But Rep. Andy Harris (R-MD) rose to oppose the amendment, saying that it wouldn’t actually help to foster research, a goal he said he shares.

“The bottom line is, this is not the place and this won’t do what the authors in support of the amendment say it’s going to do. The fact of the matter is that the DEA is the one that enforces the classification of Schedule I. This bill does nothing to do with the DEA,” he argued. “The problem lies in the fact that it is a Schedule I drug and the appropriate way to deal with this is through an authorizing committee.”

A longtime opponent of legalization, Harris suggested that cannabis “induces psychosis in young people,” adding that it is “a gateway drug.”

The amendment, he said, “sends a bad signal” and isn’t just about marijuana. “It’s about every Schedule I drug. And there are very dangerous schedule 1 drugs.”

Rep. Scott Perry (R-PA) also spoke against the proposal.

“Do we want the federal government telling our families and our children, take this, it’s good for you?” he asked. “Maybe it is. I sure don’t think it is. I certainly don’t want my kids taking it and I don’t want the government promoting it.”

Citing the growing political support for marijuana reform at a time when tobacco use rates are at historic lows, Perry said, “now we’re going to tell the rest of the country, ‘let’s all start smoking marijuana instead.”

“I don’t think this is what the government should be promoting,” he said.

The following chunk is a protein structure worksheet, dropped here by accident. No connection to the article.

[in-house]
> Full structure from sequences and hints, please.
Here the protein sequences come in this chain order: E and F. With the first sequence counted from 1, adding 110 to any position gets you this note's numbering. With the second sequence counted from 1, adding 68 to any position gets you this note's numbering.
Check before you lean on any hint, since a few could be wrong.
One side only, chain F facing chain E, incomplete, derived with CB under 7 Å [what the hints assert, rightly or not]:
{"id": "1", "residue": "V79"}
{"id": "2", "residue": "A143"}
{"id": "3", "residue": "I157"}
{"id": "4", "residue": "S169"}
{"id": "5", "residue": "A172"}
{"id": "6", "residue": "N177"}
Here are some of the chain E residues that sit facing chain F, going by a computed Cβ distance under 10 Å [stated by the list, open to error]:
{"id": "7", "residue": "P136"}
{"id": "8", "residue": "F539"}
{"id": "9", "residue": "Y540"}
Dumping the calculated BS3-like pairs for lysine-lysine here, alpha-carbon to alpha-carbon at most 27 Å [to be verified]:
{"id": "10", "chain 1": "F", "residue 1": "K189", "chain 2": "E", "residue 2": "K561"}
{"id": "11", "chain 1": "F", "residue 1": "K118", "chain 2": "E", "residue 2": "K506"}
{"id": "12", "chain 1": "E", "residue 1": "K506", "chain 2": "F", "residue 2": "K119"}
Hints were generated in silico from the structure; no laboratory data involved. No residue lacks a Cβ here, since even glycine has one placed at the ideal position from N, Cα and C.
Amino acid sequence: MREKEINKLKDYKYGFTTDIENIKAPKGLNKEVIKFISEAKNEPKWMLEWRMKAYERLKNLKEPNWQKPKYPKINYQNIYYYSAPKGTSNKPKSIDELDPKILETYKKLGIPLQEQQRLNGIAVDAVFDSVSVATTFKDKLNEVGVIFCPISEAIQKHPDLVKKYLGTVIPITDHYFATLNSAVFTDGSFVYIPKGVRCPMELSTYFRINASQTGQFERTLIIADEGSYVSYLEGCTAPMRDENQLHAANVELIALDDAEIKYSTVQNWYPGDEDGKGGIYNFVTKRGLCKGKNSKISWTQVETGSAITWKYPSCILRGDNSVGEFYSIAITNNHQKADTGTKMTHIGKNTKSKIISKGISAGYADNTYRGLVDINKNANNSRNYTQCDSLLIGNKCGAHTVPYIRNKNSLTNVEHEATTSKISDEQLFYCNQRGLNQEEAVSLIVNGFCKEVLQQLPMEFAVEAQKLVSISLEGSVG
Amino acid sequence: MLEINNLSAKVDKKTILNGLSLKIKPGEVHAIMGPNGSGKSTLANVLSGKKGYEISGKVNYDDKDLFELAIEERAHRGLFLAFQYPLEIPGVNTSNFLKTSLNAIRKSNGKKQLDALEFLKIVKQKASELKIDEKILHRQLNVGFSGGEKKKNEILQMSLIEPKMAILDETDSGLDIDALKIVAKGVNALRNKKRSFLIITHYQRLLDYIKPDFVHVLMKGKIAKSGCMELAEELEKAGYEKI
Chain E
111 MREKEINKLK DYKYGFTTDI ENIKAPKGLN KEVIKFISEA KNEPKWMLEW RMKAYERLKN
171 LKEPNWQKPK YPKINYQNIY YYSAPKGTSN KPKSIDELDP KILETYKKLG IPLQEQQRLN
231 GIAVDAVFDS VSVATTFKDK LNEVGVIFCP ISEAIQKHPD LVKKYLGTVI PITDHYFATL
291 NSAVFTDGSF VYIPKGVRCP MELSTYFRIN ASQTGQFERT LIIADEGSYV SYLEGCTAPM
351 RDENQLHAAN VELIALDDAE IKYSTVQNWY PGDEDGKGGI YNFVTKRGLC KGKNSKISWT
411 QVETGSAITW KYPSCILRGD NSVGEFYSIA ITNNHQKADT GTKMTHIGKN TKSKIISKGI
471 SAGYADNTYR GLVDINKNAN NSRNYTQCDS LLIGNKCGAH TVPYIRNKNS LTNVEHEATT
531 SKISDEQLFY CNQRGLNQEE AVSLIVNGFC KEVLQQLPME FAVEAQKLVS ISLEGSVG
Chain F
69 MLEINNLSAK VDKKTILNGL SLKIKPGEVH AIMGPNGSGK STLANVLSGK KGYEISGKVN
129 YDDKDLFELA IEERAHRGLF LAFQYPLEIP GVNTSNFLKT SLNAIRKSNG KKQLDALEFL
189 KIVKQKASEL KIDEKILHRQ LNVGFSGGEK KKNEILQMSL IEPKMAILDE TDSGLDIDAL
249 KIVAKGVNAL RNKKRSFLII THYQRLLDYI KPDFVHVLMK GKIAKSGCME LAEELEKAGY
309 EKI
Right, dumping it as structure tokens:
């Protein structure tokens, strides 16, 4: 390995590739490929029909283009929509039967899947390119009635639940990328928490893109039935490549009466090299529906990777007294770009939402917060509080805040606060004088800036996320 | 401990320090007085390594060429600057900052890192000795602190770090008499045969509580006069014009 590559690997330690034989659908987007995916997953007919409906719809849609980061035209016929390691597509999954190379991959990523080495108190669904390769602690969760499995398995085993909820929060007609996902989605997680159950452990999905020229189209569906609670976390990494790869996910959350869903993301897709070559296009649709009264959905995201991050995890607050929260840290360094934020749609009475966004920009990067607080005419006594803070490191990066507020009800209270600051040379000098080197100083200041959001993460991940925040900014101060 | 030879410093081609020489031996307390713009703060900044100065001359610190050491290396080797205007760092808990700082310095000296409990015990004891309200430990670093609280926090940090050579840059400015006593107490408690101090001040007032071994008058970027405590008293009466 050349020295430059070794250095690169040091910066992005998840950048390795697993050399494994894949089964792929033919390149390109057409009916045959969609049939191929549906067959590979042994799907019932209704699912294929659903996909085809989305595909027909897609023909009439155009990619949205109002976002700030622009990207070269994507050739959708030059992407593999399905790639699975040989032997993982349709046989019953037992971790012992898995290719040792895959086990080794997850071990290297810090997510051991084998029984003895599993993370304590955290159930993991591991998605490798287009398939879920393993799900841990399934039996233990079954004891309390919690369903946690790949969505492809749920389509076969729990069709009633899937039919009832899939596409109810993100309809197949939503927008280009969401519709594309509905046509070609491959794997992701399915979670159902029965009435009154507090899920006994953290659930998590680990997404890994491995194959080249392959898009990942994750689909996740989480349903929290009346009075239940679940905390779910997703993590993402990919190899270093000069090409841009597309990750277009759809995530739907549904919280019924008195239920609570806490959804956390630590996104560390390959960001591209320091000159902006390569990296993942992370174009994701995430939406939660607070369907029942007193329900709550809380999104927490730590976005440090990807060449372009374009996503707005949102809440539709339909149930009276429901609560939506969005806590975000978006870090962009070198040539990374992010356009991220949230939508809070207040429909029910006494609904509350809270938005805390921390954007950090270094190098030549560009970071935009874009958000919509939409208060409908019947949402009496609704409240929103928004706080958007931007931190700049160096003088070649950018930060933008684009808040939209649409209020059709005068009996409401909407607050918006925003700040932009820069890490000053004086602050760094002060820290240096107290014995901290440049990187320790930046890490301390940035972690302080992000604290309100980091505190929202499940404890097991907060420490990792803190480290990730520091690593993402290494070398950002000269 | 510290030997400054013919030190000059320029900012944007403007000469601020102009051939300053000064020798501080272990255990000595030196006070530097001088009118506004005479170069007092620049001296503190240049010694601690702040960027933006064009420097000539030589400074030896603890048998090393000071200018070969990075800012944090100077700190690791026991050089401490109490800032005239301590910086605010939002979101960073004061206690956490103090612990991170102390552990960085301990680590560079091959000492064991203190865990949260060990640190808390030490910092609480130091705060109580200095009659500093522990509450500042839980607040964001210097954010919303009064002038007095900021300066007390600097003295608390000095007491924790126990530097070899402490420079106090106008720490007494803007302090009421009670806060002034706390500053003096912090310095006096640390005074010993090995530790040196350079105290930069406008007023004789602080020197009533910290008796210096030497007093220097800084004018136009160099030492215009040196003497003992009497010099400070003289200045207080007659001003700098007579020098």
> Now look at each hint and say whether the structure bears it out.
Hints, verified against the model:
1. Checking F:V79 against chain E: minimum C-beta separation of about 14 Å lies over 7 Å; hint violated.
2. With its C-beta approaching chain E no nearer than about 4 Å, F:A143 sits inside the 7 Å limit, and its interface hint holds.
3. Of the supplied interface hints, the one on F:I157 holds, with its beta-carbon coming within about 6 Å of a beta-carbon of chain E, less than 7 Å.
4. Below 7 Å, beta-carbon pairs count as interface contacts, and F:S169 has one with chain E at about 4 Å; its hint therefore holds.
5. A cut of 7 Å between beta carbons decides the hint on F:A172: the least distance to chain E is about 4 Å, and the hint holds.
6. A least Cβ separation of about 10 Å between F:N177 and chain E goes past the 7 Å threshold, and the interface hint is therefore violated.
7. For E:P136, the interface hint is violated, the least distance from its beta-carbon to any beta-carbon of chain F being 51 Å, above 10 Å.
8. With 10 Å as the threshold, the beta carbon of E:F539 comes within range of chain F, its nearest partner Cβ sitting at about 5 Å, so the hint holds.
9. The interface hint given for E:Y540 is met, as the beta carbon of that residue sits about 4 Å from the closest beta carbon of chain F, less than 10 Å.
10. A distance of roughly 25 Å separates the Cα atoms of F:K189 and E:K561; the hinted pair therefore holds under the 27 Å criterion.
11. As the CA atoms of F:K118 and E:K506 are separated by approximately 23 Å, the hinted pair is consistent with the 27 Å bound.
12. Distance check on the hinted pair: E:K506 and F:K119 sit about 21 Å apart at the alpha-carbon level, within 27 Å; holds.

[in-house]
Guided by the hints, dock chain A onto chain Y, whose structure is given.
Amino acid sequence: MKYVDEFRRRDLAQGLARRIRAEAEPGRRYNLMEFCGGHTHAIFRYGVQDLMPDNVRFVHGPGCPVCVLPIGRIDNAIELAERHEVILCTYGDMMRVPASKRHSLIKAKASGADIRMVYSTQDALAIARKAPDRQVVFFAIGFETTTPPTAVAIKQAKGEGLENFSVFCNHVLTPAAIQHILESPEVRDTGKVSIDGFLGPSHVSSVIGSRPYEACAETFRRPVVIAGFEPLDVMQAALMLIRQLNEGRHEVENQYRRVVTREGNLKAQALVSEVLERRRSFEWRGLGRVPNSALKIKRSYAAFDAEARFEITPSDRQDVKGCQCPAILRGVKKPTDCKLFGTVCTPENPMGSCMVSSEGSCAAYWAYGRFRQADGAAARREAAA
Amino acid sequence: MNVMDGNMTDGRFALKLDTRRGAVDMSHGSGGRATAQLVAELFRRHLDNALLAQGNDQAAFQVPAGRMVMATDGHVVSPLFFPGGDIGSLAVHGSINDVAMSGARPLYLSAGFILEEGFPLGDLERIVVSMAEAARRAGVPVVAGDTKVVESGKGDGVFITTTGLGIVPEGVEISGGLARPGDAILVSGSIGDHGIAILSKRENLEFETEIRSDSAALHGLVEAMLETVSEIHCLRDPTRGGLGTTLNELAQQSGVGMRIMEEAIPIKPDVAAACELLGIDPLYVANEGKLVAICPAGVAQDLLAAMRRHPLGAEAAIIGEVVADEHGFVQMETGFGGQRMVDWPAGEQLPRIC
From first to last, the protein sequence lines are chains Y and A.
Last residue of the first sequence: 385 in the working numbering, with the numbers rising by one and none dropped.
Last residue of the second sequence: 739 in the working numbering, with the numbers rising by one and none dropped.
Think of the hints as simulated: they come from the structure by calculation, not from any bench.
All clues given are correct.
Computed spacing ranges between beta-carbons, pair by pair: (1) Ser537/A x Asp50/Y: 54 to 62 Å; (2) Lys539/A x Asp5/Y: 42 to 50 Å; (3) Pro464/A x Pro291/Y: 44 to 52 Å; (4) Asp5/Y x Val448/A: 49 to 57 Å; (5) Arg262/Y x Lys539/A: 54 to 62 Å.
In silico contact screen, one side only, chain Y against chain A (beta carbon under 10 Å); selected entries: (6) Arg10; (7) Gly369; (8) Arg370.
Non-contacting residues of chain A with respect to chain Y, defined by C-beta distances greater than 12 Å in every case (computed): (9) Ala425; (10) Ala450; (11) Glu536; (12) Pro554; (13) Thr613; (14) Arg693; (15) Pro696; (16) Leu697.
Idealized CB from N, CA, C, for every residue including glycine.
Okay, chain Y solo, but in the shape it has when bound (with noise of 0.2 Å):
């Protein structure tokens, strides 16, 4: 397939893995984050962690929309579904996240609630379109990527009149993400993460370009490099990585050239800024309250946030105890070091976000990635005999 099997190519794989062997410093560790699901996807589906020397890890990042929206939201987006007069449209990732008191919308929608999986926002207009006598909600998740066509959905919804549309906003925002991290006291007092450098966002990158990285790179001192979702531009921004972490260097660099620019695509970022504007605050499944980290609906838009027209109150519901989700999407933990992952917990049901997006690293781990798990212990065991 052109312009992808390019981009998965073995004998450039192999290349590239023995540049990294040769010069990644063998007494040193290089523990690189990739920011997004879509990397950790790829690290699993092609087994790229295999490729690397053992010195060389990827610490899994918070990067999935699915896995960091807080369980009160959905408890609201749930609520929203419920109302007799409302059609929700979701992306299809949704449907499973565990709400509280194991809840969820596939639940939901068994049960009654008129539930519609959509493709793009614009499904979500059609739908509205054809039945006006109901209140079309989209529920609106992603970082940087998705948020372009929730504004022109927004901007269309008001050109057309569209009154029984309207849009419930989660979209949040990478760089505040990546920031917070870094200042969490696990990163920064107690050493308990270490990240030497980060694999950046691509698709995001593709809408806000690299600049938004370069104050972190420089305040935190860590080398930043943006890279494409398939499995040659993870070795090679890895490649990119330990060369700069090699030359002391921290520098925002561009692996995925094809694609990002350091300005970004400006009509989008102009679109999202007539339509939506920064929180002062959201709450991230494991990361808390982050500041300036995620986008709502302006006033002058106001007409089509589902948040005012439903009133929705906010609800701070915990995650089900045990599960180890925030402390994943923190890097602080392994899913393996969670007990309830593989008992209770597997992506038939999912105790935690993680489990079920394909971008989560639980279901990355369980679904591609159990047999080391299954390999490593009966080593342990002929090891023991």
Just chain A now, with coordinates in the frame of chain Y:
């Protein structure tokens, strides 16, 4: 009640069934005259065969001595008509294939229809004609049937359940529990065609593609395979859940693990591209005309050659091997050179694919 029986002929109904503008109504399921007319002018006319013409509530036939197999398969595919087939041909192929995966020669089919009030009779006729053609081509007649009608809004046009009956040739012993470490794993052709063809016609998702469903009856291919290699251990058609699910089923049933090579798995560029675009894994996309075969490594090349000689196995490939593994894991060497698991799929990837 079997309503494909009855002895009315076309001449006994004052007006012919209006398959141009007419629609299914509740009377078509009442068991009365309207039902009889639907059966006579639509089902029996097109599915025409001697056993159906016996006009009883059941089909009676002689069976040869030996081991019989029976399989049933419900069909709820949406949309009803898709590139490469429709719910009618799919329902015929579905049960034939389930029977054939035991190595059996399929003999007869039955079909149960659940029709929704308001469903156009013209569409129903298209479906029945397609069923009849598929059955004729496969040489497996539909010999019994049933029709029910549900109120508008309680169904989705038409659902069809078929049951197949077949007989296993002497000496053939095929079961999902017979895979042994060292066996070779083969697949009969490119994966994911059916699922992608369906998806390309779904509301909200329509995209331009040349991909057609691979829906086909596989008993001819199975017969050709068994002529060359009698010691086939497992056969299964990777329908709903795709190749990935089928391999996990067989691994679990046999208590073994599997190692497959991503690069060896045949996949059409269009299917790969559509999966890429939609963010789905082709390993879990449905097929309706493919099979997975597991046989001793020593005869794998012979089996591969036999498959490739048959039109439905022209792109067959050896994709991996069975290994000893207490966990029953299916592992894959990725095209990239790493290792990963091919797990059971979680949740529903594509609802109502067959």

But Ocasio-Cortez argued that her amendment has bipartisan appeal.

“My colleagues on the other side of the aisle often bemoan the role of government and promote ideas of choice. And here I am happy in that spirit to agree,” she said. “We should get government and political opinion out of scientific research when we have seen and shown promise in a way that can help people and their medical needs.”

“I understand that the politics of this bill may make it difficult for some to support right now,” she said. “But I propose this amendment and urge my colleagues to support it because politics isn’t always about winning today, but it is about fighting for what is right in the future and for future generations.”

If Ocasio-Cortez’s amendment had passed through the House, and deleted from that chamber’s bill the longstanding prohibition on advocating legalization that was first enacted in 1996, that wouldn’t have necessarily meant that the rider would have ultimately been removed from federal law. The Senate Appropriations Committee has not yet introduced its version of the funding legislation.

The last few weeks has seen a significant uptick in cannabis reform being pursued through the congressional appropriations process, with multiple committee reports urging the adoption on marijuana legislation. Committees have called for provisions on regulating CBD, implementing hemp policies, lifting barriers to cannabis research, preventing impaired driving, protecting veteran benefits and requesting that the federal government reconsider its employment policies as it relates to federal workers who use cannabis in compliance with state laws.

On Tuesday, the House Appropriations Committee approved a spending bill that includes a section providing protections for banks that service state-legal marijuana business and also remove a longstanding rider that has blocked Washington, D.C. from using its own local tax dollars to legalize and regulate cannabis sales.

Anti-Marijuana Lawmakers Shut Down By Congressional Committee

Update: This story has been updated to include information about the roll call vote on the amendment.

Photo courtesy of Rick Proctor.

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Kyle Jaeger is Marijuana Moment's Sacramento-based senior editor. His work has also appeared in High Times, VICE and attn.